From The Pastor’s Desk
Power and Privilege of Whiteness
As I write this article, the nation is embroiled in protests and demonstrations over the killing of innocent black lives even as a global pandemic continues. There are demands for reform, defunding police, and generally a call for white America to wake up to the unresolved issues of race and inequality in our country. I am intentional about the use of the word white because for everyone else there has never been a time they were not aware of these unresolved issues.
We have heard the refrain and seen the hashtag “Black Lives Matter.” We have heard other refrains too, perhaps had other thoughts ourselves about how “All Lives Matter” or “Blue Lives Matter.” While these responses are true, they entirely miss the point of the movement and what is happening right now. No one contests that All Lives Matter or that Blue Lives Matter; but the reason people say Black Lives Matter is because the truth is they have not mattered enough for over 400 years. This has been contested and the pain of all of this is that it is a deep part of our lives, not just a chapter in our history, but a very present problem in American society today.
I debated long and hard if I should even write this article, if this was the place to wade into such a heavy topic given the constraints of space and time. However, it is a topic that demands attention. Sure, we have statements against discrimination and most of us as white Americans believe we are not part of the problem because we would never consider ourselves “racist” in the first place. But therein lies the problem – our inability to recognize the power and privilege that our whiteness affords us whether we are aware of it or not, and how this is part of systemic issues related to race and inequality. Let me illustrate with a story.
Two young fish go for a swim as fish do. They happen to meet an older fish swimming the other way, the older fish says to the younger fish, “Good morning kids, how’s the water?” The younger fish swim on a bit and eventually one looks at the other and says, “what the heck is water?”
They live in it; they swim in it; it is inside of them; it surrounds them; their lives depend upon it, yet they don’t have a clue. They are ignorant of it. It’s almost as if it’s so close it’s invisible. One wonders if a fish would only realize what water is once a fish has been taken out of the water. Once they have been taken out of the water, they would realize that their life depended on the water. Maybe they would not realize that until it happens.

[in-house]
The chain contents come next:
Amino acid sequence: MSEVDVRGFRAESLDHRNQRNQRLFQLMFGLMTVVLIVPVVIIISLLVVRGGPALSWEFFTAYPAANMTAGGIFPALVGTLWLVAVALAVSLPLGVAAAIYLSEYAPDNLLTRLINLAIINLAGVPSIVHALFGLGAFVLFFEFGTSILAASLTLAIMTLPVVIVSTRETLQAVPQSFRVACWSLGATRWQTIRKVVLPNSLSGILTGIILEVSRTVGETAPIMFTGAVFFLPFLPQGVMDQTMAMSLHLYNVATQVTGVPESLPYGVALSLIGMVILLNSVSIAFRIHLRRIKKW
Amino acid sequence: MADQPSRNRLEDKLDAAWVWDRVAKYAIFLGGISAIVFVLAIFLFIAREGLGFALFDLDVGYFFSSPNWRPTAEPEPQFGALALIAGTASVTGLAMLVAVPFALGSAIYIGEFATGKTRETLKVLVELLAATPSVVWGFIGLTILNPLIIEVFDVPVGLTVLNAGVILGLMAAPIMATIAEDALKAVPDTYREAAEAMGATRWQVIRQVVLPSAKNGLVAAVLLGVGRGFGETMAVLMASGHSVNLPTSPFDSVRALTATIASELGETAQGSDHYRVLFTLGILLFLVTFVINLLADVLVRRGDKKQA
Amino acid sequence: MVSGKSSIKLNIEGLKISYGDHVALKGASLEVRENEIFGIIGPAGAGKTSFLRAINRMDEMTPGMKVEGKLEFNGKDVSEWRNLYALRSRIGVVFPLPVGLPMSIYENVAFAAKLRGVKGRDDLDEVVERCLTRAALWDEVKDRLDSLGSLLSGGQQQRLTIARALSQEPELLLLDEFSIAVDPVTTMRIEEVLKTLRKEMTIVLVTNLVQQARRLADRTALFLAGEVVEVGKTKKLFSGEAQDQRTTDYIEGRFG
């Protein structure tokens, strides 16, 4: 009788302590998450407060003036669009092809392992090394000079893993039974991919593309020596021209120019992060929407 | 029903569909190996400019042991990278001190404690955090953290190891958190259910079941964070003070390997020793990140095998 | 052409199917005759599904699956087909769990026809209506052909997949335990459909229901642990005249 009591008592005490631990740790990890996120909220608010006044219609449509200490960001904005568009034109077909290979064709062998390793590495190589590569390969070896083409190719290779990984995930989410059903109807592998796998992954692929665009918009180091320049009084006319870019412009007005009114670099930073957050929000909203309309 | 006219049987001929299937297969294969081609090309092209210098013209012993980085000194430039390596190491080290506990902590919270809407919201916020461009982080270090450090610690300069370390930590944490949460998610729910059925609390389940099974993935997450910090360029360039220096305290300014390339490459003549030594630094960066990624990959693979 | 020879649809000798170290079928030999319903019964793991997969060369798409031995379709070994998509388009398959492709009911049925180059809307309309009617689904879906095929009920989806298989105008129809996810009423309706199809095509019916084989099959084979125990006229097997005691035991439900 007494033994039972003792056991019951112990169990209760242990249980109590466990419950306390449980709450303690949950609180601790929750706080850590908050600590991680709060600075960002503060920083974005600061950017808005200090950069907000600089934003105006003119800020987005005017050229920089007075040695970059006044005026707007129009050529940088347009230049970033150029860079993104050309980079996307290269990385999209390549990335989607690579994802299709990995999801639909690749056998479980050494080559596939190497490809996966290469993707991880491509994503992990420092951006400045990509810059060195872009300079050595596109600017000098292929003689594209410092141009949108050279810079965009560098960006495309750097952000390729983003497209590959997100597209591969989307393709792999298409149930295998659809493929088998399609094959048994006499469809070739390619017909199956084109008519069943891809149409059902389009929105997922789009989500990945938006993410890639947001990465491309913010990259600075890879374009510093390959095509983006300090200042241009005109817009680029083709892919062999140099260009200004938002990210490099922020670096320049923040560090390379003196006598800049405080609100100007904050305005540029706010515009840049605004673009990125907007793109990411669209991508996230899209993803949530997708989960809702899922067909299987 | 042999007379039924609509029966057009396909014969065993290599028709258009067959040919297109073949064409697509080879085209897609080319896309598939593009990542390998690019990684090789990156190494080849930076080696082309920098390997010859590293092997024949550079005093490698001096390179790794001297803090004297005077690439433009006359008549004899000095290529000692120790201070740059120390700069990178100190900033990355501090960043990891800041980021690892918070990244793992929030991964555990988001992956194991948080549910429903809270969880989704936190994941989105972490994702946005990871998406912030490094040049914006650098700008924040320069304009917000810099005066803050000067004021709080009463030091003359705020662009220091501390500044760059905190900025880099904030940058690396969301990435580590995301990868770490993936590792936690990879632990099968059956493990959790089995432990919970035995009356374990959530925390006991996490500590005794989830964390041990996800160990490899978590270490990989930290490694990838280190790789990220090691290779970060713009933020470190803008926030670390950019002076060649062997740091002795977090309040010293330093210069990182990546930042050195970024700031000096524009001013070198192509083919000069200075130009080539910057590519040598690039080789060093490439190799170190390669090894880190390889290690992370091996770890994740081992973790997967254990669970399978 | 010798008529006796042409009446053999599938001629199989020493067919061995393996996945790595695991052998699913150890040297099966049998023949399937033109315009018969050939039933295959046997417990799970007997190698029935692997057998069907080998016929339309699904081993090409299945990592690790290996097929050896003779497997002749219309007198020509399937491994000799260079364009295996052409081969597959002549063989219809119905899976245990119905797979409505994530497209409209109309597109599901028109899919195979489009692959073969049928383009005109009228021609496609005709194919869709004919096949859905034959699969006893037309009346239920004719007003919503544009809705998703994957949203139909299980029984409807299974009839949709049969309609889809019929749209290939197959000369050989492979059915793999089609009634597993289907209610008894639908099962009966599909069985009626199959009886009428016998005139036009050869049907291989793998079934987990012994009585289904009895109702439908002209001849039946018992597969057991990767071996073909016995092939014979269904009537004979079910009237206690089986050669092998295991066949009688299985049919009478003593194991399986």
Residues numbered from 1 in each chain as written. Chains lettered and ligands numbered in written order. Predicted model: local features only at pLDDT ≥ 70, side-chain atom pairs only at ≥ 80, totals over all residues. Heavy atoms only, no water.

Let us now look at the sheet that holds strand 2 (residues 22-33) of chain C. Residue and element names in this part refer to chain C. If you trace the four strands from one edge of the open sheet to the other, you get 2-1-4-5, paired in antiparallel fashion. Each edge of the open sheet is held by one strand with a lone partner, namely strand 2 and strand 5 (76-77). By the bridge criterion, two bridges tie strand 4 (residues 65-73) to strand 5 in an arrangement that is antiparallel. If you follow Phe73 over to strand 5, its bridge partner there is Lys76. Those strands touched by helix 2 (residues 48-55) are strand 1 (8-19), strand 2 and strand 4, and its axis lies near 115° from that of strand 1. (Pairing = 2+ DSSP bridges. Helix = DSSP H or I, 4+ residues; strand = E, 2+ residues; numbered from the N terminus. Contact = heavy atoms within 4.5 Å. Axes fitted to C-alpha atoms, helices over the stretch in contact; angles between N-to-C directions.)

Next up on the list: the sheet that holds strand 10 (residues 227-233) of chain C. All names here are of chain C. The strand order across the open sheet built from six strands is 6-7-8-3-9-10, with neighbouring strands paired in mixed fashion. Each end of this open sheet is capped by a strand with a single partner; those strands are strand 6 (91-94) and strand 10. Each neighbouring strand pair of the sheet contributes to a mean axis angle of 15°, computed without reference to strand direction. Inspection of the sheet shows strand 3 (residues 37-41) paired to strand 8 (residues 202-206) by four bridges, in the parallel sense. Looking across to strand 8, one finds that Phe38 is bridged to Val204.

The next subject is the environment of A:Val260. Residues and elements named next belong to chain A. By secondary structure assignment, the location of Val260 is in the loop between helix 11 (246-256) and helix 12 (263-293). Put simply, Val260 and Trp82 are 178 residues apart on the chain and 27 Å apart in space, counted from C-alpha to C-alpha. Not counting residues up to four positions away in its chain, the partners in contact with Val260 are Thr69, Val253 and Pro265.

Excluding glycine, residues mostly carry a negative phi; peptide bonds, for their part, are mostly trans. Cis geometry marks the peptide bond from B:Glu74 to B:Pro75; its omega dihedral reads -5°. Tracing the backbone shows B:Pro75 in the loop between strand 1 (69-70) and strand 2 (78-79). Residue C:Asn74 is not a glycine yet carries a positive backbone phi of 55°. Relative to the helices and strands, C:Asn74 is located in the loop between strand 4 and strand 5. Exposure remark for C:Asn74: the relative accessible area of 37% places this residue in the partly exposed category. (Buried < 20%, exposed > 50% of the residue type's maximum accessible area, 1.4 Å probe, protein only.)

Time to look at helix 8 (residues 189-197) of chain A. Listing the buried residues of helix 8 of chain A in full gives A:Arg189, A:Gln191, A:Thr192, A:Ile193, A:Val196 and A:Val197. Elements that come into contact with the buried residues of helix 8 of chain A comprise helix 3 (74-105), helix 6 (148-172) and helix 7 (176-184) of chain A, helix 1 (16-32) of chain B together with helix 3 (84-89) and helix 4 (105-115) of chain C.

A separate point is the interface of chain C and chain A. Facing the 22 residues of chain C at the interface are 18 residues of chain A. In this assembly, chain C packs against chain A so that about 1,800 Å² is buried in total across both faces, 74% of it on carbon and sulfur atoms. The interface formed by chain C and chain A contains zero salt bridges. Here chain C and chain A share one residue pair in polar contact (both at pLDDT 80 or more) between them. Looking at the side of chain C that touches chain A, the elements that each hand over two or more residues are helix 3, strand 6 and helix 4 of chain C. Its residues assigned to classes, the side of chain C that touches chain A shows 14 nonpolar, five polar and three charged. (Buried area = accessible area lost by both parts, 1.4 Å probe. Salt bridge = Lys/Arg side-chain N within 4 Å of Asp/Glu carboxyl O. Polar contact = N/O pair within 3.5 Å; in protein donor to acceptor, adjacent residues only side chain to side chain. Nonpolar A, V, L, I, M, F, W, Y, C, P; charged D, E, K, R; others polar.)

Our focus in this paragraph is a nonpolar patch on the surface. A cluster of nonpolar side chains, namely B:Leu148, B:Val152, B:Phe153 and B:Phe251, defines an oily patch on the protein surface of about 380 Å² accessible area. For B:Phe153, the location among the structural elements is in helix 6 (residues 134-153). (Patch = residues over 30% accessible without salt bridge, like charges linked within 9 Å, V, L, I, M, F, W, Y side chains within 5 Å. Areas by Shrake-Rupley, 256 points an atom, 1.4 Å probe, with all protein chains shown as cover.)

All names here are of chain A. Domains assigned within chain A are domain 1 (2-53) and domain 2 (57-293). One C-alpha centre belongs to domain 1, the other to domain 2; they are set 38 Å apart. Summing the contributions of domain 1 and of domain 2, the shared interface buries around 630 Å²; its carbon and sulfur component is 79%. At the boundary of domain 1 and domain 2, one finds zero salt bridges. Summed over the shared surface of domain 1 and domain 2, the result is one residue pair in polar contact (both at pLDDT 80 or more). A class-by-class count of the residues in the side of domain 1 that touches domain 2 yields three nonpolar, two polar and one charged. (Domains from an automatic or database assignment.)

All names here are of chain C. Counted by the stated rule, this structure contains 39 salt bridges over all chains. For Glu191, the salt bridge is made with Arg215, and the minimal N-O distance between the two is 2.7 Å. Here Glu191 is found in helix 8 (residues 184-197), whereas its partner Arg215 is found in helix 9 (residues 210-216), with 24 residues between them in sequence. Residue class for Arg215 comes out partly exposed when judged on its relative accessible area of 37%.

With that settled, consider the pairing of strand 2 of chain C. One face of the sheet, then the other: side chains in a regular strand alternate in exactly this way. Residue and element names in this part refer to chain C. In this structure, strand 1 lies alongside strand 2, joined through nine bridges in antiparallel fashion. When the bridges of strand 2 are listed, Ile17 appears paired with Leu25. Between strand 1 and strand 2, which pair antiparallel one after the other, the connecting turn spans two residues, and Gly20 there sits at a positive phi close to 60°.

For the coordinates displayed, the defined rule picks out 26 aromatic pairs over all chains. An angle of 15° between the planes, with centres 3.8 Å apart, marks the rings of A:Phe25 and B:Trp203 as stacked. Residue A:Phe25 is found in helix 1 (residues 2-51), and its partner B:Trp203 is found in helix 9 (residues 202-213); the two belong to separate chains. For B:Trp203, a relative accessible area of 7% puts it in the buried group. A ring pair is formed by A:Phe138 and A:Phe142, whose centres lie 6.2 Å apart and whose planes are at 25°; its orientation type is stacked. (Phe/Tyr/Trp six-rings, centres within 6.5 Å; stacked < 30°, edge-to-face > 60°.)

What the heck is water? What the heck is whiteness?
Whiteness is invisible to me, because as a white person, it is what I have been brought up with. I live and move and have my being within it. It is so much a part of me and around me that I find it very difficult to even see it. Yet, my life up to this point has traded on it, benefited from it beyond what I could ever imagine. In other words, I swim, not just in water I am ignorant of, but I swim with the current.
My skin color never works against me. The thought never crosses my mind that it would. When I go to a bank, I am never having a conversation at any level in which others would use my skin color against me. If I want to rent an apartment, I can be sure the color of my skin is not going to work against me. Because of the color of my skin, I am never asked to speak on behalf of other whites, ever. I can choose to eat where I like, be entertained where I like, go on vacation wherever I like – never fearing that I will be excluded or mistreated because of the color of my skin. So, in a whole lot of areas – more than I am aware, I benefit beyond my wildest dreams and all in the presence of others who in the very same system struggle to breathe.
I am not trying to make anyone feel guilty. “White guilt” gets us nowhere. Social change cannot come from personal guilt which seeks to alleviate one’s own pain by doing or saying something that will cause the one who has experienced injustice to absolve us and release us from responsibility. Rather, we need to have hard conversations about our privilege as white Americans and accept responsibility for making change. We need to understand why privilege exists, not just admit that it exists. Then we must do the hard work of restorative justice and reconciliation. To be sure, this isn’t about dispensing a little bit of the overflow of our white privilege; it’s is about listening, giving priority to the voices most impacted by injustice, and then being willing to take action against injustice in every place that it exists.
As Martin Luther King, Jr. wrote in his Letter from a Birmingham Jail, “Injustice anywhere is a threat to justice everywhere. We are caught in an inescapable network of mutuality, tied in a single garment of destiny. Whatever affects one directly, affects all indirectly.”
I pray that this can be the beginning of a conversation for each of us to consider how power and privilege affects not just our lives, but all lives directly and indirectly. May God grant us courage to listen, to pray, and to act in the way of justice, healing, truth-telling, accountability, and love.
With you on the journey,
"No one is born hating another person because of the color of his skin or his background or his religion. People must learn to hate, and if they can learn to hate, they can be taught to love. For love comes more naturally to the human heart than its opposite." - Nelson Mandela